SAN SIMON, Ariz (KGUN9-TV) - Could Gorilla Snot be the answer to dangerous dust on I-10?
Dangerous blowing dust has prompted the state to close a 60 mile stretch of I-10 east of US 191 several times in the past few weeks.
Now the Arizona Department of Environmental Quality has turned to a product called Gorilla-Snot to hold down the dust.
Dust can be so thick on I-10 Near Mile Marker 376 that drivers can barely see past their hoods.
The dust blows from a farm there. The Arizona Department of Environmental Quality says when it seemed to DEQ the land owner wasn't moving fast enough to stop the dust the state spent 200 thousand dollars to bring in Gorilla-Snot.
No actual gorillas are involved. Chemists developed what's called a co-polymer, sort of a plastic that helps build a crust on the soil to hold down the dust.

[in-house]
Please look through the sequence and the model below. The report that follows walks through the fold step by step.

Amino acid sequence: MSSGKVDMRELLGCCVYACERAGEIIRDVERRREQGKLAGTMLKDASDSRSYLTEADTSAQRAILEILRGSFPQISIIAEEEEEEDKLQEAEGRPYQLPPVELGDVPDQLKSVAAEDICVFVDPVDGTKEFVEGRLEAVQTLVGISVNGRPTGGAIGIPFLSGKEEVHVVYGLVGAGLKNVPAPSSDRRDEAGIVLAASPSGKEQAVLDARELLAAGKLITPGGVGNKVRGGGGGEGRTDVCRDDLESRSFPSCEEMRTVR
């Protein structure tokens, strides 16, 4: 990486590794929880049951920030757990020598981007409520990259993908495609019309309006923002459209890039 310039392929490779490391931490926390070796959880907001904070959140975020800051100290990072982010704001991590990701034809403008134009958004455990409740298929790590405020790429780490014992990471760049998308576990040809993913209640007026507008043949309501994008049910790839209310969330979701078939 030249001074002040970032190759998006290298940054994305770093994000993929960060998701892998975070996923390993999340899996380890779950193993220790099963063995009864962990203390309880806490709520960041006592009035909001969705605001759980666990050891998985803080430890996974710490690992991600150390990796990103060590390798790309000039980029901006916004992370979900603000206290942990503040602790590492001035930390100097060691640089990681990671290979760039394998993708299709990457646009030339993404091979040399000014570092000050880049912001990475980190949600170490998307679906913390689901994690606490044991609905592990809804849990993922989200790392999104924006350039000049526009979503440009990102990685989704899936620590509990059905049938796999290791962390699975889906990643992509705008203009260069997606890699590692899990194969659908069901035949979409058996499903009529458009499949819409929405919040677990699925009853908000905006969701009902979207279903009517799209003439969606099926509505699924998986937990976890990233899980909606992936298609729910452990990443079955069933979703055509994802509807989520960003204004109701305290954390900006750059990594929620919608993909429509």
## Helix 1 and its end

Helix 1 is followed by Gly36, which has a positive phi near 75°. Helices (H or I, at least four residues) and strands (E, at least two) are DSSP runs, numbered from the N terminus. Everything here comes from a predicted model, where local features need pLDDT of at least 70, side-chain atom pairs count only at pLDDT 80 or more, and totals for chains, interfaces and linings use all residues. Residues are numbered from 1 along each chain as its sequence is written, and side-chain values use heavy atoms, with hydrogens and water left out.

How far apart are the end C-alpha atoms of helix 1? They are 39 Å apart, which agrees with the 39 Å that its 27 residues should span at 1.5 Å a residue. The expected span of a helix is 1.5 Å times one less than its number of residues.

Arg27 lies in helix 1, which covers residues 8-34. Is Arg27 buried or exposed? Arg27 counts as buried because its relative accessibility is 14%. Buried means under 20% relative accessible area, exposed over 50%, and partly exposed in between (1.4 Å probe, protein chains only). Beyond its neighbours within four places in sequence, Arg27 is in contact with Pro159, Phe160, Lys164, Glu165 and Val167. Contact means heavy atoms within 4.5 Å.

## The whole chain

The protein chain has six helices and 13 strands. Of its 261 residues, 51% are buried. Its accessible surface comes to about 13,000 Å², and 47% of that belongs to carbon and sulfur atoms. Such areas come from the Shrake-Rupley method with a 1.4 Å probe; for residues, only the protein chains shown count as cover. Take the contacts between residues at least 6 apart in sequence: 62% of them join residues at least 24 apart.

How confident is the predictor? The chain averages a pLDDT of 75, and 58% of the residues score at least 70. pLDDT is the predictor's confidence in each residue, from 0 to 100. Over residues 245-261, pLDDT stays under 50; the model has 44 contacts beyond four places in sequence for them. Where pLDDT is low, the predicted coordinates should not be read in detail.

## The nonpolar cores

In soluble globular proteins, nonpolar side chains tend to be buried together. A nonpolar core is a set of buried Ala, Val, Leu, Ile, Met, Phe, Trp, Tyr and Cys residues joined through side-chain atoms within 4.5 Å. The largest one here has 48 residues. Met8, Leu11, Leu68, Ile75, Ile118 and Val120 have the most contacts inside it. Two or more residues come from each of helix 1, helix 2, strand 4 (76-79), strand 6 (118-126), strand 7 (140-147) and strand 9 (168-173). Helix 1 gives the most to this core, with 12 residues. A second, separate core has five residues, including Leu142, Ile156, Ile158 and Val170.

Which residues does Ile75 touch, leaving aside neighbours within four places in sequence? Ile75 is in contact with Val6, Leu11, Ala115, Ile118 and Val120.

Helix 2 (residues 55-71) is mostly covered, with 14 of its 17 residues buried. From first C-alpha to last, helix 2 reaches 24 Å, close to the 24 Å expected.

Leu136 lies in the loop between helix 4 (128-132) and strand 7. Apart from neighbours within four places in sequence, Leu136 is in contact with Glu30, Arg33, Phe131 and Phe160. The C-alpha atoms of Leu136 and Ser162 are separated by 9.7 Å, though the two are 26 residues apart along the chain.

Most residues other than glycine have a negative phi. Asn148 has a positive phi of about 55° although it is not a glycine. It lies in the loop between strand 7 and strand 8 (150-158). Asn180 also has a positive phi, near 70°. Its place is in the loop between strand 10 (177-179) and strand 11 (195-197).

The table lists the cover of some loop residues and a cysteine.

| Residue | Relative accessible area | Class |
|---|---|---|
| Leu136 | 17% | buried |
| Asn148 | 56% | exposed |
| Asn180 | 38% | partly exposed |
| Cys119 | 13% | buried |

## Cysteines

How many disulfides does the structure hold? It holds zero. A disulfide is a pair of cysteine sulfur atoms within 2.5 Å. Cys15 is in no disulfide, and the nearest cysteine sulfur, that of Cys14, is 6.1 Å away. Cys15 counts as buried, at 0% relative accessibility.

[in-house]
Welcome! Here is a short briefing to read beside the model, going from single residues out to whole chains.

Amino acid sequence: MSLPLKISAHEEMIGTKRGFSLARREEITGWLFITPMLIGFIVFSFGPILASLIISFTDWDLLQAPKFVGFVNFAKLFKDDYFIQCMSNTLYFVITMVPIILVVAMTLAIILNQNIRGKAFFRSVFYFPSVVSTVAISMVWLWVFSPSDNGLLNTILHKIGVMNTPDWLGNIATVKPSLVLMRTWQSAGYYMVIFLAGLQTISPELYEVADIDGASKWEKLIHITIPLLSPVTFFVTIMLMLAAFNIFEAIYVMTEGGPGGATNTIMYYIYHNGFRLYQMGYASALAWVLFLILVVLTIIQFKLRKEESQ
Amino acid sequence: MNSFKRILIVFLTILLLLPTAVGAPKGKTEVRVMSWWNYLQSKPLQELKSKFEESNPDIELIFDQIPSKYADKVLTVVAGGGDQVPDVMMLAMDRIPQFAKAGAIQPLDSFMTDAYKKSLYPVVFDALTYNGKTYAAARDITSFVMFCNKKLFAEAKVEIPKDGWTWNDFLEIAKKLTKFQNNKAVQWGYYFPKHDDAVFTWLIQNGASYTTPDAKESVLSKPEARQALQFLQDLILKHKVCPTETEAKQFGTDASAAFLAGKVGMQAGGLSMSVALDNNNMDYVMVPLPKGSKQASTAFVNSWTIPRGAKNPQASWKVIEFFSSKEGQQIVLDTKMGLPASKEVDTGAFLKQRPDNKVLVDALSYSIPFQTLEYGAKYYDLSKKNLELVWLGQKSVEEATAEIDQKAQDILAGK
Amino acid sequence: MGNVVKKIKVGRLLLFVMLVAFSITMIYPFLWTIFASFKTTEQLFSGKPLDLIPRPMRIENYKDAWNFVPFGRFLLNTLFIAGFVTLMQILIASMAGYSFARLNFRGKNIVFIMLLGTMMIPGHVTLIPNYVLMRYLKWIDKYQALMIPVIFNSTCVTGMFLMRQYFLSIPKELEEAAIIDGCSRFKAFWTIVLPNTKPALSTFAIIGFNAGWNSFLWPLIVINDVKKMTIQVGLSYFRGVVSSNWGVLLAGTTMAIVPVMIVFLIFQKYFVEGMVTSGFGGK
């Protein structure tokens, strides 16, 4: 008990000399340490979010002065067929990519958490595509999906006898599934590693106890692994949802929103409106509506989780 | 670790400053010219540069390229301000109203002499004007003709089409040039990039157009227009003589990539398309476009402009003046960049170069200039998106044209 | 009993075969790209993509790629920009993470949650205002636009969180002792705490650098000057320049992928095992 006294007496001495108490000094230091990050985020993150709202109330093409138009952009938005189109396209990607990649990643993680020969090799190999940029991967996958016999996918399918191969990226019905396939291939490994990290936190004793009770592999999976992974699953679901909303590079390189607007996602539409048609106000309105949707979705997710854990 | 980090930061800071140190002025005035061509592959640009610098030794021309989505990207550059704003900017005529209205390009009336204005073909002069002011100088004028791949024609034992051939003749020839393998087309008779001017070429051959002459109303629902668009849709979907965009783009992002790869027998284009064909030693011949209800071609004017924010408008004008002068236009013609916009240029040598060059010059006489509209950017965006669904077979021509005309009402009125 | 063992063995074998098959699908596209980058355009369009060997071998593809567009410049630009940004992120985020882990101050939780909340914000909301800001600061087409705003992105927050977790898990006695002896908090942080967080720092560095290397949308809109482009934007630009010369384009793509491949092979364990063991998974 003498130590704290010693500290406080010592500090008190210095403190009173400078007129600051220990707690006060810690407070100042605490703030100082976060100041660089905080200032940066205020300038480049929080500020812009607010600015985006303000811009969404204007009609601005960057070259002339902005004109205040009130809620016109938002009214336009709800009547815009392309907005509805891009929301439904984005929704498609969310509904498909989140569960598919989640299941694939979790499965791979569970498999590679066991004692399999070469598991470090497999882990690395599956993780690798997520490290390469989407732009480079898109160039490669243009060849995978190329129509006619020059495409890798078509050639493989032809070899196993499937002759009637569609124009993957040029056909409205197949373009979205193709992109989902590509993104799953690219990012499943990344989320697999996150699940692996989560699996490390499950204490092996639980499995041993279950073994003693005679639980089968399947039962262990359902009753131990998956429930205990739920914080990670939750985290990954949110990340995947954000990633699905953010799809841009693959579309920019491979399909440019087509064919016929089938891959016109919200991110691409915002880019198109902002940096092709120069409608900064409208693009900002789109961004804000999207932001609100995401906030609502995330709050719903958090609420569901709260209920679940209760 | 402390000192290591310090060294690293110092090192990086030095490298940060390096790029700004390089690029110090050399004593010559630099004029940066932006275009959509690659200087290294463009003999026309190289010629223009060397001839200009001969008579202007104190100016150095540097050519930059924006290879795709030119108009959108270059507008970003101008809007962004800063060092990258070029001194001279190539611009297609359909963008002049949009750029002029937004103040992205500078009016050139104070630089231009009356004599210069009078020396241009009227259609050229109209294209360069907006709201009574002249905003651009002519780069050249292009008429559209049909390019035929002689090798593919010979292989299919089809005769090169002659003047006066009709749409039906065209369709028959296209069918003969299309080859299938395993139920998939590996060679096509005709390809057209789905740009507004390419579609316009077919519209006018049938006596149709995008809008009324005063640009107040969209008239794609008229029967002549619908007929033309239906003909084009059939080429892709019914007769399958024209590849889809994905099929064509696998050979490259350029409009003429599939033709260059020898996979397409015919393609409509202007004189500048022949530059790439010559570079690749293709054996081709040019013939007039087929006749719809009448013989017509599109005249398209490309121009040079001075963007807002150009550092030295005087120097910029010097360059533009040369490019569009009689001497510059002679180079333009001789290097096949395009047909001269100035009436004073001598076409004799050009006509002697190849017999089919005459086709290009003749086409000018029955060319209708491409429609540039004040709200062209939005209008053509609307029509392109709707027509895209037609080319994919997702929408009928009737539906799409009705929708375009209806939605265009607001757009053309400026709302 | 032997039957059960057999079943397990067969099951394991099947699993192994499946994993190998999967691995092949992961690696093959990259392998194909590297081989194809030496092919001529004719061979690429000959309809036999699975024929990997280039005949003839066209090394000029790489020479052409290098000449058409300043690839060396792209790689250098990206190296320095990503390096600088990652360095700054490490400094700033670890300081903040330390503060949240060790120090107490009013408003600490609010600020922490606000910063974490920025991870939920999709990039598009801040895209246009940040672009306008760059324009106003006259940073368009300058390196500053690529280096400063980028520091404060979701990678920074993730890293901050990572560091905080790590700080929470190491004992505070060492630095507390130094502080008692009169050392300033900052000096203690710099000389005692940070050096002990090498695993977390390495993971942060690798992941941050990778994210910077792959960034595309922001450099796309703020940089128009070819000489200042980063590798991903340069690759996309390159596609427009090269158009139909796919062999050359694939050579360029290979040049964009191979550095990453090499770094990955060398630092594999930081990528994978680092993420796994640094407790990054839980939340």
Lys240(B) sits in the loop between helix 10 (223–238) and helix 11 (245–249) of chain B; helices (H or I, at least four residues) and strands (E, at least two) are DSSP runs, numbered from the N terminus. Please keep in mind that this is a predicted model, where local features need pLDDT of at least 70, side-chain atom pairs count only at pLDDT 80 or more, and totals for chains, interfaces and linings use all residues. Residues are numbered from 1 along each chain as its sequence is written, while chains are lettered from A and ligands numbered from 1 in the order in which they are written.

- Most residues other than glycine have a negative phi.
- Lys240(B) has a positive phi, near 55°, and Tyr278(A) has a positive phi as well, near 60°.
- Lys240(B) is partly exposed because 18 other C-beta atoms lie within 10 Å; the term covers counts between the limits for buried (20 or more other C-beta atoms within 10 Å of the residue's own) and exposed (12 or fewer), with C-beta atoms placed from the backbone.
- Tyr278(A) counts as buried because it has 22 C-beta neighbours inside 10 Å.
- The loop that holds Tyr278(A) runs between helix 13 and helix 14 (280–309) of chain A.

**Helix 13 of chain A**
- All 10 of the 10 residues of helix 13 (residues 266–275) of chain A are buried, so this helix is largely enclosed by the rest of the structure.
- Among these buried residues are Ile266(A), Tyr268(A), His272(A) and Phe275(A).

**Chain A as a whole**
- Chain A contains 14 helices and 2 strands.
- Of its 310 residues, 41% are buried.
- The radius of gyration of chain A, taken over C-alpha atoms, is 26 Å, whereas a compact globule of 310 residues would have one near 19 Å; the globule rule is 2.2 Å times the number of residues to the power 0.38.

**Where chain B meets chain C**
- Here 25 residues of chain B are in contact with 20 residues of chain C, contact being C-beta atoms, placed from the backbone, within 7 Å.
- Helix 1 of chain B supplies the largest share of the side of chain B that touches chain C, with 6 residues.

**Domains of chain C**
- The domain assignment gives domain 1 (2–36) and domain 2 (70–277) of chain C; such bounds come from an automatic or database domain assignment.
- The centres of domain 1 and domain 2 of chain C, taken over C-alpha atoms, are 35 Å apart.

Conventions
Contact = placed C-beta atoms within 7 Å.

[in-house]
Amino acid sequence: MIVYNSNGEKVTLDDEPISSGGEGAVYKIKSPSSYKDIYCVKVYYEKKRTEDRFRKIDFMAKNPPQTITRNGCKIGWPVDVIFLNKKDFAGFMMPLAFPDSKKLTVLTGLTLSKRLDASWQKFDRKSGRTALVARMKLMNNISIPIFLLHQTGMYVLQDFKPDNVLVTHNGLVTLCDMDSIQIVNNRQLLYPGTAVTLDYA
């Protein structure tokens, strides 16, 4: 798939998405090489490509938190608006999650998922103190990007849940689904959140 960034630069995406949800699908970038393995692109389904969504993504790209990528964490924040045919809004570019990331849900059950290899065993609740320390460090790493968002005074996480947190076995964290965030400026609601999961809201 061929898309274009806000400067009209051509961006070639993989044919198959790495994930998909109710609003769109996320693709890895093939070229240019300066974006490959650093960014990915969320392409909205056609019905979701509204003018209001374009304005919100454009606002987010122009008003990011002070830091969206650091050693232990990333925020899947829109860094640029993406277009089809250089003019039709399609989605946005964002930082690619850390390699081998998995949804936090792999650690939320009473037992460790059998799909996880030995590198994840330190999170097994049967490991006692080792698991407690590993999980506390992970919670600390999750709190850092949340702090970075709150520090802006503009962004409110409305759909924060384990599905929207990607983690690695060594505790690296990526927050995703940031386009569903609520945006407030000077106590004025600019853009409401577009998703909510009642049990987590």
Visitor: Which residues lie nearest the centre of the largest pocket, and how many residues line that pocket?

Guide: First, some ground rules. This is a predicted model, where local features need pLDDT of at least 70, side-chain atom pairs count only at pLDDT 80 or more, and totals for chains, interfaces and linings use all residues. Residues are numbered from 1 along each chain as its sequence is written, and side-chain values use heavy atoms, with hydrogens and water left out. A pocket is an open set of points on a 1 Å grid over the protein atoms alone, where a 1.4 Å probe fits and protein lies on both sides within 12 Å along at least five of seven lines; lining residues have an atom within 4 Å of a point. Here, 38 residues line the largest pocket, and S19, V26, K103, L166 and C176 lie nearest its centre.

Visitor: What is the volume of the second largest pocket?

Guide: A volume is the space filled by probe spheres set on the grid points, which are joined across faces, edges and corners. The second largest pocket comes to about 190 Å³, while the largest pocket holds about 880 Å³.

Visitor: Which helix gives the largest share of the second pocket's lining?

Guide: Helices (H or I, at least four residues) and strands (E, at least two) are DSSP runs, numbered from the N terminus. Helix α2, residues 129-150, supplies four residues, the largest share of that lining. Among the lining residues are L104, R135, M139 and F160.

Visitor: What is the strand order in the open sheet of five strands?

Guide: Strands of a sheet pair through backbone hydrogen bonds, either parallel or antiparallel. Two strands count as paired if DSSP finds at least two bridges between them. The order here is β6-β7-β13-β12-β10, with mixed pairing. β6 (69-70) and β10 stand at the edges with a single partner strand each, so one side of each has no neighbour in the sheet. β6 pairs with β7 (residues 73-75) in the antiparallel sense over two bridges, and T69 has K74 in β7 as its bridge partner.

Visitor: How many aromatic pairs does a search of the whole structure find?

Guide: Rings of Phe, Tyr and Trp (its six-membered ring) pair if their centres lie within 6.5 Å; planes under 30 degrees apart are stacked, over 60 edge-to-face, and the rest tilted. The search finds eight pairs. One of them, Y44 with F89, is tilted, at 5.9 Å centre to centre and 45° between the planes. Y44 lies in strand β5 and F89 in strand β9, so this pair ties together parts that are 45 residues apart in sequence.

Just outside the fence line for the farmland there's plenty of ground cover to hold in the dust and keep it from blowing away but inside the fence line this farm operation stripped the land bare. There's plenty of unobstructed space for the wind to really get rolling and carry the dust towards I-10.
Before the Department of Environmental Quality stepped in with 200 thousand dollars worth of Gorilla-Snot ADOT spent probably 180 thousand dollars wetting the field with regular water trucks.
ADOT Spokesperson C.T. Revere says, “The cost to ADOT to continue those operations was about 30 thousand dollars a day.” That brings the total bill for the taxpayers to about $380,000.
At this point state officials say everyone is concentrating on getting a lid on the dangerous dust before there's any discussion of getting any of that money back.
ADEQ says workers have that Gorilla-Snot applied to about a quarter of the 320 acres in question and early reports are the area held the dust down pretty well when the wind came up Wednesday afternoon.
Through all this ADOT and DPS are watching conditions and if they turn dangerous the road will close and drivers will detour here again.